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Taxation and Representation

Will anyone propose raising taxes this year?


As the Legislature shifts gears from introducing new laws and surveying the finances of state agencies to passing new laws and setting budgets, Boise Sen. Nicole LeFavour has released a survey of nearly 800 people from across the state showing some appetite for raising taxes.

LeFavour, a Democrat from Boise's North End, hosted the poll on her Web site, but got responses from all over Idaho. It is not a scientific poll. But 60 percent of respondents would accept a one-time income tax surcharge on people making more than $70,000 a year. And 52 percent of respondents supported raising income tax on individuals making more than $50,000.

These numbers may not reflect the general feeling of Idahoans, but they are significant for another reason: These are the first concrete suggestions for raising new revenue since the session began.

Rep. Shirley Ringo, a Moscow Democrat and Judy Brown, an economist with the liberal Idaho Center on Budget and Tax Policy, suggested an income tax surcharge in December 2009 but have not floated the idea unda' the rotunda, so to speak.

Budget setting begins on Monday, Feb. 22, and the budget committee has a very low target with which to set budgets. The tax committee and the governor have drawn their usual line in the sand against raising taxes, so it's not clear how any taxation ideas will see the light of day.

We're not sure what the corollary to the old Boston Tea Party jingle would be, but at some point, is there a lack of representation through inadequate taxation?

As LeFavour put it in her e-mail: "If taxes are not increased in any way, the only alternative we have will be cutting public school funding and all budgets by more than half billion or 20 percent less funding than we had in 2008 ... If you do not want to see cuts on this scale and especially if you do not want school class sizes to increase and education budgets cut dramatically, PLEASE let your lawmakers know."

While it's another long shot at the statehouse, a bipartisan effort to pick up the Ron Paul/Hanes Her Way torch and urge the feds to decriminalize industrial hemp (Hanes has been experimenting with hemp fabrics, people) is still alive.

While Moscow Republican Tom Trail is the face behind hemp in the Idaho House, Sandpoint Republican Eric Anderson and Boise Democrat Brian Cronin have joined the fight.

But their nascent effort is currently undergoing cardiopulmonary resuscitation as the three seek a motion to reconsider in the House Ag Affairs Committee.

The committee recently failed to print the bill, a memorial to Congress to legalize hemp so that Idaho farmers could grow it to make underwear and ice cream (frozen dessert) and, well, rope.

Five Republicans on the committee, sitting all in a row, voted the measure down. The Hemp Caucus of Three is working on one of the Republicans to change his mind and at least allow the bill to be heard.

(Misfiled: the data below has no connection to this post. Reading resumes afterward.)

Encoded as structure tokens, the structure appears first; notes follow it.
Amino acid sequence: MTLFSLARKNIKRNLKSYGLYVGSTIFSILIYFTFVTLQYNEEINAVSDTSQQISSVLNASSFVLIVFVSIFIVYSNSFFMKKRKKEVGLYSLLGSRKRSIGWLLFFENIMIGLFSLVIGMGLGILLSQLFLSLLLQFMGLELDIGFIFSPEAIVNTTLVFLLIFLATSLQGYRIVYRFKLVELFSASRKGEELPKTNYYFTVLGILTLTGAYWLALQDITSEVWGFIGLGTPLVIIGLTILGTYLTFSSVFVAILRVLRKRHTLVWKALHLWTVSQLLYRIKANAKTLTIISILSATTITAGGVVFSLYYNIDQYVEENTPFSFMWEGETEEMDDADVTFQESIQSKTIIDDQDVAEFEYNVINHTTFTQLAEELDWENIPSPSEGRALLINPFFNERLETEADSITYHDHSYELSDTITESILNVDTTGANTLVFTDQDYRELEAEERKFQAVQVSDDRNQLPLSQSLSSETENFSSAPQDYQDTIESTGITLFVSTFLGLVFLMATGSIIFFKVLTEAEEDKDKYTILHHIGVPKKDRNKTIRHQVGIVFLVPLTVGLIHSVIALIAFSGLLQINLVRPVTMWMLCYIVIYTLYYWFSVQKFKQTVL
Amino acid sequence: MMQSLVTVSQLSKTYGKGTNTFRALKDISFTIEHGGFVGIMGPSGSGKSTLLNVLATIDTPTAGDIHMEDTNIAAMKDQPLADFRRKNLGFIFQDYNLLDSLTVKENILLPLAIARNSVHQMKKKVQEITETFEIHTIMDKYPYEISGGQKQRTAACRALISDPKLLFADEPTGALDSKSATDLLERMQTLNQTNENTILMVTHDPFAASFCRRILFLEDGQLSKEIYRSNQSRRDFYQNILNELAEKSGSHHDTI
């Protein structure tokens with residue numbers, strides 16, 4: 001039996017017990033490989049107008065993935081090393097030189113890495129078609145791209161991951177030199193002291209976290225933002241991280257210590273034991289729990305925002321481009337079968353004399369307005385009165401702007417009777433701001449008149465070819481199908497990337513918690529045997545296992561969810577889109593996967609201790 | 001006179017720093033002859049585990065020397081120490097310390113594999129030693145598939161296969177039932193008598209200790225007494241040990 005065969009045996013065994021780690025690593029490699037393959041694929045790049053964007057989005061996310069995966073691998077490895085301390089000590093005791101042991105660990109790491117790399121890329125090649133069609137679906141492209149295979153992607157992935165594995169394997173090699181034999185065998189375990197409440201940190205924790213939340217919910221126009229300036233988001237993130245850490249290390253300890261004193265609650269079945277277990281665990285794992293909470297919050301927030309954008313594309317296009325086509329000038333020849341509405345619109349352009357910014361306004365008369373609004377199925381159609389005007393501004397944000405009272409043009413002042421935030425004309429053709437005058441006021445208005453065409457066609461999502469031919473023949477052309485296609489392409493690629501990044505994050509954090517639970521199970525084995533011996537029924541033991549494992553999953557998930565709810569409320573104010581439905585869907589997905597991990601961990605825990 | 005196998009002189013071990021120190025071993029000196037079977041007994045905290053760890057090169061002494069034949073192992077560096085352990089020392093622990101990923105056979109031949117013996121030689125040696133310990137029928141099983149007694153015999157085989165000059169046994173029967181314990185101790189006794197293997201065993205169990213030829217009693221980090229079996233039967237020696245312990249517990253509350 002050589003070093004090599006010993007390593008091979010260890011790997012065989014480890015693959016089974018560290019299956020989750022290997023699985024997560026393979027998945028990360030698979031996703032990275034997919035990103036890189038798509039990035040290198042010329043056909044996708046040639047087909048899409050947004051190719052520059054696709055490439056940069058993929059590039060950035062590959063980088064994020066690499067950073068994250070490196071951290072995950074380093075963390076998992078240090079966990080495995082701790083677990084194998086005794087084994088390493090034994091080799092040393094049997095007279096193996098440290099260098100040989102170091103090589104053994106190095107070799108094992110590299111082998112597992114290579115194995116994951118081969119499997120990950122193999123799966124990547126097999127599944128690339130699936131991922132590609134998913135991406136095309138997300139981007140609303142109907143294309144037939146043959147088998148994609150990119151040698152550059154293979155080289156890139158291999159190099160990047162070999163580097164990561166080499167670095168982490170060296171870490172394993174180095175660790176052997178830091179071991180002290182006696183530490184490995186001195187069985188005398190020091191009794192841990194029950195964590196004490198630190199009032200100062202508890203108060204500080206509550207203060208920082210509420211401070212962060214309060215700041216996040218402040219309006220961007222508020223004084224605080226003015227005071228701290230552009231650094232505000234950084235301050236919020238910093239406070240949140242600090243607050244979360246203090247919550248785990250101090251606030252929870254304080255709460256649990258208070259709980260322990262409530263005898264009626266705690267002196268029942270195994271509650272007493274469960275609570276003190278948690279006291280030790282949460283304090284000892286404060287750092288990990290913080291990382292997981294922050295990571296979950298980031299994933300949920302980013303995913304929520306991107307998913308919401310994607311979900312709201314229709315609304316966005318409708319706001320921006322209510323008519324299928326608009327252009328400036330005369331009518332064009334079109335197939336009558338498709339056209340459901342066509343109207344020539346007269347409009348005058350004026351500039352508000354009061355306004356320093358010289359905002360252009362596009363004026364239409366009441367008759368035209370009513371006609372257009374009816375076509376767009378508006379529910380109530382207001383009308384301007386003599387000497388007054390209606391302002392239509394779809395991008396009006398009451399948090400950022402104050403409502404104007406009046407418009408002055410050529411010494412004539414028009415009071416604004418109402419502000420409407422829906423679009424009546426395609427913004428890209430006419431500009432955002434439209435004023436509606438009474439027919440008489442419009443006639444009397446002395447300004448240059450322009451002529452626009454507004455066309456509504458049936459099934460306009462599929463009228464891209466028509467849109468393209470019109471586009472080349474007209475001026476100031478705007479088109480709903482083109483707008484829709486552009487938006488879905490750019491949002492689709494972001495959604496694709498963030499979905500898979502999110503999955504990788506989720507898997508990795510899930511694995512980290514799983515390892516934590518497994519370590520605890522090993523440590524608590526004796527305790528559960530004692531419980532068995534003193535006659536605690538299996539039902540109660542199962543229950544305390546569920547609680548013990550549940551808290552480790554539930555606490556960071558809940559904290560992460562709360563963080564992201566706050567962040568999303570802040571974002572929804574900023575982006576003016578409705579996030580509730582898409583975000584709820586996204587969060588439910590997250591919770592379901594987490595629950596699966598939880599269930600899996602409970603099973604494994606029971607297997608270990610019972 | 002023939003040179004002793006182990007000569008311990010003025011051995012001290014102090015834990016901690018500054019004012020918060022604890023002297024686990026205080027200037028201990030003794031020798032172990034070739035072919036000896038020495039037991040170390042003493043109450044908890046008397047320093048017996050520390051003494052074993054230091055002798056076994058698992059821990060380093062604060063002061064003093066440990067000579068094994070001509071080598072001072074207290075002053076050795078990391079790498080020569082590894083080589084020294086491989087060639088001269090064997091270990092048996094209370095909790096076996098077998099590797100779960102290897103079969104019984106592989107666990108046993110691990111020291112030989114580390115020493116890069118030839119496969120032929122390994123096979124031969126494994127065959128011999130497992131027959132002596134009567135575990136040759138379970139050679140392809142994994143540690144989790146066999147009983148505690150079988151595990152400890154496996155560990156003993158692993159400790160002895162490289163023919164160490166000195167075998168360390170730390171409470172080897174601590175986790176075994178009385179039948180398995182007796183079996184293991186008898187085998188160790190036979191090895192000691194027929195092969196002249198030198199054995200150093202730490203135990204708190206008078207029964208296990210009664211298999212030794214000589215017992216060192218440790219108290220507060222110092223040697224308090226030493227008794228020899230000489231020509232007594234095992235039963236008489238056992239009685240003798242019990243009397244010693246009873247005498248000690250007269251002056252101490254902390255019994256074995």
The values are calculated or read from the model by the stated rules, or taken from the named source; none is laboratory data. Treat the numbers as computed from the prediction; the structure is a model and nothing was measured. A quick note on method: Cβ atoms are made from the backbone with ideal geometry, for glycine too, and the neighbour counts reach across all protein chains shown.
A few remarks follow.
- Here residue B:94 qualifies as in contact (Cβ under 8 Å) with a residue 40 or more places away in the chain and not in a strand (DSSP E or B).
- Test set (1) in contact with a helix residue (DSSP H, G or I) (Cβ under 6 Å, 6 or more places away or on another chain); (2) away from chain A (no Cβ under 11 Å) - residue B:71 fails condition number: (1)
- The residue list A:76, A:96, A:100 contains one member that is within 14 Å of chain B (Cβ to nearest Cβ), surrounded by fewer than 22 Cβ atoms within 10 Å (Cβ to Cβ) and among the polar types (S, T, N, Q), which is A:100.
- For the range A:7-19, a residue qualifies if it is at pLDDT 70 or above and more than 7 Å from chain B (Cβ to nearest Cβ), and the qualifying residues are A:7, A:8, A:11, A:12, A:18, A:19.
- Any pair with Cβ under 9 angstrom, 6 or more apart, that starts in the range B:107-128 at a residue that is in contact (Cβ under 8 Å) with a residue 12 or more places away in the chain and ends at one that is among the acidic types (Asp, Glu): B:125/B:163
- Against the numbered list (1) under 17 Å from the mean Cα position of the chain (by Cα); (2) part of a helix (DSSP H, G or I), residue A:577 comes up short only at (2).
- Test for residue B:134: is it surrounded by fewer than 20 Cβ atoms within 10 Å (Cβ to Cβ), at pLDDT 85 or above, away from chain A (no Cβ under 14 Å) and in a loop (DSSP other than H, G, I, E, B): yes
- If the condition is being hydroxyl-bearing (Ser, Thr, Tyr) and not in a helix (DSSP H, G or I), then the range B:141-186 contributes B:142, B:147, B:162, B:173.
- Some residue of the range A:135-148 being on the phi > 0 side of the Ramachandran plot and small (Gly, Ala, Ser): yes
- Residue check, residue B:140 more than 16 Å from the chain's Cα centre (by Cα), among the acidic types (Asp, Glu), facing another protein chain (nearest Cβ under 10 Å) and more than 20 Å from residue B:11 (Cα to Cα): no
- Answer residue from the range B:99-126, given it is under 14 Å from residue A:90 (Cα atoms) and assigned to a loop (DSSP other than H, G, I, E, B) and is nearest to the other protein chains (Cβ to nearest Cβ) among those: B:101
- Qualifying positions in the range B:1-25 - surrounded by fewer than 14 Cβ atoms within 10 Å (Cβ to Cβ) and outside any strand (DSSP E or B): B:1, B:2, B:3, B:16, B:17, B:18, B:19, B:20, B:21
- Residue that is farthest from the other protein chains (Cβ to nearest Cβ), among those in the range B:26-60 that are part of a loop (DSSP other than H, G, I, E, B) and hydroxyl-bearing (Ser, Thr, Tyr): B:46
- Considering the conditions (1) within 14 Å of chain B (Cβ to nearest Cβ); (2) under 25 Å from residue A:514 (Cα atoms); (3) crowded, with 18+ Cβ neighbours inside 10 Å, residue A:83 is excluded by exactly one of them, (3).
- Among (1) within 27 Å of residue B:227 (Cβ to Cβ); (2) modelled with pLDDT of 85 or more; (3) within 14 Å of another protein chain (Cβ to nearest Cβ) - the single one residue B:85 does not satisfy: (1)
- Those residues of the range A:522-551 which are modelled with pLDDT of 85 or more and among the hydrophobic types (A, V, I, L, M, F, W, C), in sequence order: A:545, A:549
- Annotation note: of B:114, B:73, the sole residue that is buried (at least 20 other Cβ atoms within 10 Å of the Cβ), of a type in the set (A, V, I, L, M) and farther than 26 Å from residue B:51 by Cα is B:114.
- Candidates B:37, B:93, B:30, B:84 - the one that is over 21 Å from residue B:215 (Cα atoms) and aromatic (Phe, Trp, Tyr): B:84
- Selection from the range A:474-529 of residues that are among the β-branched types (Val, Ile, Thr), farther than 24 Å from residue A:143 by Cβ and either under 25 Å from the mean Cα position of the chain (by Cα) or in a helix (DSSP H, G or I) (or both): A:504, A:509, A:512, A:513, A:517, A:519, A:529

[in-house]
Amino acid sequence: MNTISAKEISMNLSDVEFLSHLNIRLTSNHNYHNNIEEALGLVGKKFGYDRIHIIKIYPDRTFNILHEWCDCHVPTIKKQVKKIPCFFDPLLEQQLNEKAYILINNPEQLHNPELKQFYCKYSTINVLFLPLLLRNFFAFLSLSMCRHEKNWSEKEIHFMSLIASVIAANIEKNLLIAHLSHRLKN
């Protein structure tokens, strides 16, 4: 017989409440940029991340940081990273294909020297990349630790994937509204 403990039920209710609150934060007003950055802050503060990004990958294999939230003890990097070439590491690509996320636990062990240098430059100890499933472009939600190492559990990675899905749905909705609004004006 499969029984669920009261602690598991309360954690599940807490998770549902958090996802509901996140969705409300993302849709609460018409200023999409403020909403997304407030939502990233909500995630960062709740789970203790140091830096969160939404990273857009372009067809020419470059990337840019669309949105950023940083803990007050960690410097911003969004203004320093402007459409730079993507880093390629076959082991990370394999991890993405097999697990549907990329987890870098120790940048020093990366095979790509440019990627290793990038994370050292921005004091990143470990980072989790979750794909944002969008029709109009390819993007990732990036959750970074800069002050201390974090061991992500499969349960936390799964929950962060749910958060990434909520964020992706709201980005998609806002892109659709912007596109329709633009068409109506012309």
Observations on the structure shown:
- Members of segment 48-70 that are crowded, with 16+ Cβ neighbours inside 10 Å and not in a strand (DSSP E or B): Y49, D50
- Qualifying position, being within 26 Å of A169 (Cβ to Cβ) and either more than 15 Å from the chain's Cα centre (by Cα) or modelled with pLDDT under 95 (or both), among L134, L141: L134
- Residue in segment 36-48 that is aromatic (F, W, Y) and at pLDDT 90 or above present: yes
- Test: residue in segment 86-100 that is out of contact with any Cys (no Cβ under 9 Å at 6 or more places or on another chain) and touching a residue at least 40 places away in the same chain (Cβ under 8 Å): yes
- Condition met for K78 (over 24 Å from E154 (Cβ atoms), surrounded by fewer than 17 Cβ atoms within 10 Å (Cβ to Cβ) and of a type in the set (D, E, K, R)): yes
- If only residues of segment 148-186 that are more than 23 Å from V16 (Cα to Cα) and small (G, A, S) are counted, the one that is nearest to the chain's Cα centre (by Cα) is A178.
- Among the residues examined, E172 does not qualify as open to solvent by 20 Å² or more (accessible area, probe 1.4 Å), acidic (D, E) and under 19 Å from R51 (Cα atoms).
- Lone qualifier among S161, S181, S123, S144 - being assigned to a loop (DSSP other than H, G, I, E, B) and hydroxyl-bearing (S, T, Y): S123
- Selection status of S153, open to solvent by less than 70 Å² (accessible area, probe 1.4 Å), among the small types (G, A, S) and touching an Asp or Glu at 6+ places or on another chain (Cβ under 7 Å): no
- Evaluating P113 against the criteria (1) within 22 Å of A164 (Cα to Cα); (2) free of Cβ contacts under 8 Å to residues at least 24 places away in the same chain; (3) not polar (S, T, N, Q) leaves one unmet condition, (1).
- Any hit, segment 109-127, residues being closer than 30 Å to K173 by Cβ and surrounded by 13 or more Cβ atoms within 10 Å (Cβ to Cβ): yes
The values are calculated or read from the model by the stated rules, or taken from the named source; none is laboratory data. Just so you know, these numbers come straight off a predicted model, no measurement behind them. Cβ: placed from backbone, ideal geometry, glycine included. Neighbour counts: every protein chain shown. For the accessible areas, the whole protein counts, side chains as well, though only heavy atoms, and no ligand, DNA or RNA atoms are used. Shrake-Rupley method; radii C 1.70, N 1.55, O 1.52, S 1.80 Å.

At the print hearing, before the bill went down, the three presented the ban on hemp as an economic issue. Trail said Canadian farmers get $200,000 an acre for the seeds. Anderson said that even car fabrics now use the stuff.

"Probably not a day goes by when we are not around a hemp product," he said.

And Cronin brought a box of hemp milk (an Idaho dairy lobbyist countered in the hallway afterward that it's not in fact milk since it did not come from a mammary gland), which is available up the street at Boise Co-op, to demonstrate the hypocrisy that you can buy the by-products but you can't grow the raw materials.

But Rep. Dennis Lake, a Blackfoot Republican and powerful committee chair, questioned the sponsors on why hemp was banned in the first place, raising concerns that hemp and marijuana plants appear very similar and may present problems for law enforcement.

While they do appear similar, Trail asserted that they are grown in different fashions--hemp is a row crop-- and that marijuana growers would be making a big mistake hiding their plants in fields of hemp because they would cross pollinate and dilute the effects of the marijuana.

Trail also assured the committee that industrial hemp contains very little to no THC, the active ingredient in marijuana.

"To get a high, you'd have to build a cigar the size of a telephone pole," he said, quoting a Canadian expert.

Cronin pointed out that the Declaration of Independence was written on hemp paper and that the wagon trains out West were covered in hempen cloth. But that was not enough to convince the committee, which voted 5-5 to reject the resolution.

Anderson and Cronin said after the hearing that they would continue to work with law enforcement and other interests to push a full discussion on the merits of hemp farming to Idaho.

Last week the Legislature also failed to entertain a suggestion to open up Idaho distilleries for tastings, which was presented by North Idaho Republican Rep. Jim Clark as an economic issue as well. But one member of the committee was concerned that people would swallow.

"How are you going to stop 'em from swallowing it if it's in their mouth?" asked Rep. Ken Andrus, a Republican from East Idaho, according to the Eye on Boise blog.

"I'm not trying to stop anybody from doing anything," an ornery and soon-to-retire Clark retorted. If swallowing means passing the bill and spitting means rejection, the committee did not swallow.